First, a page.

August? Come in, August. Ground control to August?
August: Um, we’re in a bit of a holding pattern here. Over.
Repetition seems to be a hallmark of my summer Bloom Day posts. It’s been the usual suspects all summer. Still, I can’t say enough nice things about Gomphrena ‘Fireworks.’ The agastaches are over and showed a lot more water stress than I expected, while this gomphrena sailed through heat and dry soil beautifully. Perennial here in zone 10 but most likely one of the “short-lived” kind, which could mean anything from one year to two years to five. Reseeds.
With samphire, the umbellifer Crithmum maritimum. This plant is going into my A Growing Obsession surefire collection of zone 10, drop-dead gorgeous, pollinator-beloved plants sponsored by….daydream fades to black.
Gaura planted in pots a couple months ago is just starting to bloom. Wind-driven plants are so entertaining.
Some August triage. Agastache were cut back, a tattered digiplexis moved elsewhere, and a potted Agave geminiflora moved in. The lemon grass in the background has been a nice surprise this summer. Rudbeckia triloba leans in.
More triage. A few of the annual Euphorbia marginata, Snow On The Mountain, were picked up at M&M Nursery in Orange.
Gaillardia ‘Oranges & Lemons’ is unstoppable.
As are the marigolds. Tagetes ‘Cinnabar’
Mina lobata nearly faints in full sun but so far recovers by evening
The kangaroo paws are sending a second, shorter flush of blooms
Seseli gummiferum…maybe there’ll be blooms next year on the Moon Carrot. With a name like that, I’m staying the course until I see some blooms. And with those pewter-colored, lacy leaves, waiting isn’t a hardship.
Also for next summer, there will be agapanthus. Yes, they’re common as dirt here, but has anyone tried them with grasses, agaves, etc? No, I think not. It’s not a plant’s fault when its amiable nature is abused and taken for granted in strip mall monocultures. This is the stripey-leaved ‘Gold Strike.’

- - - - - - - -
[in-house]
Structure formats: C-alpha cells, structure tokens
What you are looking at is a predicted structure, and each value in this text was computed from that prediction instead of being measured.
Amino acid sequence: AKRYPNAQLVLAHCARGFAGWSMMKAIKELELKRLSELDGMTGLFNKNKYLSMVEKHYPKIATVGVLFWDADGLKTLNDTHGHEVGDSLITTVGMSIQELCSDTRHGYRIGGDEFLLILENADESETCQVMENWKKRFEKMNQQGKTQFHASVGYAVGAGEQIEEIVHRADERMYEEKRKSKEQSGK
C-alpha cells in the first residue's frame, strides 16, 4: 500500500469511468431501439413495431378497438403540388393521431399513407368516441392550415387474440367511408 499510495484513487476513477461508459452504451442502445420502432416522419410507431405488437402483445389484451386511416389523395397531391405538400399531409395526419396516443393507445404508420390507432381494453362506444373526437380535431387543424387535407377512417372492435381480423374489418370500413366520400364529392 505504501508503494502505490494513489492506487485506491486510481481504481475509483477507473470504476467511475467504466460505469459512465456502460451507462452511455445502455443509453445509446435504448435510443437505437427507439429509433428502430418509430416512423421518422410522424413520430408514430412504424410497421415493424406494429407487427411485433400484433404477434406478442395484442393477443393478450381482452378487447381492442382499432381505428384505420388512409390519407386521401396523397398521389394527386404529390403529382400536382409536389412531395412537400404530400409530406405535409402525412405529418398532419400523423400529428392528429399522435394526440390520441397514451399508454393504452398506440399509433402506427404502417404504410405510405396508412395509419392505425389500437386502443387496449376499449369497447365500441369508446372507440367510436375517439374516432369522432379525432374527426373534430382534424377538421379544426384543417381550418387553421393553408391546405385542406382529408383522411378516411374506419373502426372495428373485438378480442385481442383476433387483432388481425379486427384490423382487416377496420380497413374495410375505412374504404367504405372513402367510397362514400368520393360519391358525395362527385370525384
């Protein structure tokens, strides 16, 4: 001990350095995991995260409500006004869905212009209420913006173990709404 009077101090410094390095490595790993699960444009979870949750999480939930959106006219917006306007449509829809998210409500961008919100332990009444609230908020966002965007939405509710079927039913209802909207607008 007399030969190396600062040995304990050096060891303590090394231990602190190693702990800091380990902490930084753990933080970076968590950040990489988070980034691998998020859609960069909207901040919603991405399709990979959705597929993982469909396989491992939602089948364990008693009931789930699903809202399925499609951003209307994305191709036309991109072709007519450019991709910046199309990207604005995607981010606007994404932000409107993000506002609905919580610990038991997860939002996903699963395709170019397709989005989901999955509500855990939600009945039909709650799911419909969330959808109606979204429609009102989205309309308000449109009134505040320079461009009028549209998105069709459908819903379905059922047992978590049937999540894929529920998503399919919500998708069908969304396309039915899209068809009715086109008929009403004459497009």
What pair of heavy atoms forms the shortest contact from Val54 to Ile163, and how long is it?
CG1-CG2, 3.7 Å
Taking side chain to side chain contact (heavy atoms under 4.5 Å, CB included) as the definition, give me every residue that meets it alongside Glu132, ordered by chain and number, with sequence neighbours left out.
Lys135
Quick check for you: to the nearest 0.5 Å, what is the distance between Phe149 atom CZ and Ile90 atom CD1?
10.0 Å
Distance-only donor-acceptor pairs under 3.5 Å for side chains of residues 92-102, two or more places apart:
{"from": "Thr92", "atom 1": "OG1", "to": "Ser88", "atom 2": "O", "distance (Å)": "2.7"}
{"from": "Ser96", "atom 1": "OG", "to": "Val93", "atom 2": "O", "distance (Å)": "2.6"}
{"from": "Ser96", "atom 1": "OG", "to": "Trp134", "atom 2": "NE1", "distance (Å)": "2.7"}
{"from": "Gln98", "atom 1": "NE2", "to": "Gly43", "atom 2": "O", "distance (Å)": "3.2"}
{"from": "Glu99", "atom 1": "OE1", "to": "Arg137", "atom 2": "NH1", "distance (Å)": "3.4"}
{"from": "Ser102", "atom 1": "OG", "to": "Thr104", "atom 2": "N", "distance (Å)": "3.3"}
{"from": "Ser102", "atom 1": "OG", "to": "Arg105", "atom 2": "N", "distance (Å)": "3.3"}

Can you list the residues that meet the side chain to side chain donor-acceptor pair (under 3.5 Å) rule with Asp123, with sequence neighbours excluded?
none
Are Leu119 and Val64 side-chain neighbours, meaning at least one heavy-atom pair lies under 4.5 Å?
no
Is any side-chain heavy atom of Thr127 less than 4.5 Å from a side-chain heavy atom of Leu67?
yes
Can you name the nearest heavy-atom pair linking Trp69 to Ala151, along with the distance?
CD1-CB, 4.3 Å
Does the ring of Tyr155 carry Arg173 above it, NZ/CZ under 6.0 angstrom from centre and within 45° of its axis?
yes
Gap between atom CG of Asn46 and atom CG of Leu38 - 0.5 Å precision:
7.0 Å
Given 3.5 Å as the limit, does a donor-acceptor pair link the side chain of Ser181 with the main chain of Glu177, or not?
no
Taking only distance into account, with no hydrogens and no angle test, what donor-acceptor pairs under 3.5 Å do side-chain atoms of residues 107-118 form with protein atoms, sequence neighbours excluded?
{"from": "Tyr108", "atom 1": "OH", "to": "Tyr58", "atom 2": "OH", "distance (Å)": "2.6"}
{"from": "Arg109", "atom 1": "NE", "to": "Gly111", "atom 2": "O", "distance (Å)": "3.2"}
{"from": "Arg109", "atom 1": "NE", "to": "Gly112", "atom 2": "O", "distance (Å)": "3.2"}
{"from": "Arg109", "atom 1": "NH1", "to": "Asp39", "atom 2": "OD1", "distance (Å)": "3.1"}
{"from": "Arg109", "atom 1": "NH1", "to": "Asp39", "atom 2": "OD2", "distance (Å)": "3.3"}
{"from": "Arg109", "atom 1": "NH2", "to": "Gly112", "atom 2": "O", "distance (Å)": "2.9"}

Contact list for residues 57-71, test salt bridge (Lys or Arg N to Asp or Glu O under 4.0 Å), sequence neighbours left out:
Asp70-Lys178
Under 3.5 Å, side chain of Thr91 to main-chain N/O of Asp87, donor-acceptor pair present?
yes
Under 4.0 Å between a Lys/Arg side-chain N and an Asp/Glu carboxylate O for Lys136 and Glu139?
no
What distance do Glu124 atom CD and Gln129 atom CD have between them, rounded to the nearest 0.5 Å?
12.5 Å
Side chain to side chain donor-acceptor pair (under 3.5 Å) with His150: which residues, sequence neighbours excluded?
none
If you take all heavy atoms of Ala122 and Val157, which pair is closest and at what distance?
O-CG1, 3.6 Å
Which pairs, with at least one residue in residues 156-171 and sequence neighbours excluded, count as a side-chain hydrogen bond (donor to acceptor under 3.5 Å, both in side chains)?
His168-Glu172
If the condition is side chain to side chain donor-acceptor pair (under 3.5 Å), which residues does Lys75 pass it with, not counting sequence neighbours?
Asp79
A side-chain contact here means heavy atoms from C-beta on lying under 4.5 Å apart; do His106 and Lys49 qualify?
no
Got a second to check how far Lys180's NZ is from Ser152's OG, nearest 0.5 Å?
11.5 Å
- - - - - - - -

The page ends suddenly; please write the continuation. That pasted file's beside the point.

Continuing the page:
And one of the darkest I could find locally, ‘Storm Cloud’
Rare sighting of MB Maher in the garden, home for a couple days. Maybe he’ll bestir himself and get over to his neighborhood San Francisco Botanical Garden for some AGO photos one of these days. (No pressure, hon!)
To see some spectacular August gardens full of seasonal variety and not at all stuck in a holding pattern, you’ll have to visit the Bloom Day host site May Dreams Gardens.
Yay for the Gomphrena! And I like that Snow on the mountain!
Well Denise, your holding pattern looks pretty fabulous to me. I really, thoroughly enjoy posts from the ‘other side’ as they are soooo very different that what one can find here. How long does the Anigozanthus live? I’ve heard they are a short lived perennial. My plants in pots are going strong and in fact are sending out more very tall spikes of flowers, about four feet tall or so. Love them. Great pic of Mina! I’m loving that this year. I especially love the third pic with all those lovely textures. Great post
That’s a holding pattern I’d happily be stuck in. Stunners all of them. Love the euphorbia, and even the humble marigold is transformed next to the agave. Is it an agave? If I could grow them I’d know.
@M&G, this annual euphorb can get shrublike, but I don’t know how it will do planted this late in the season.
@Deanne, I hear that the anigo is shortlived too, but then I also see some pretty enormous clumps around town.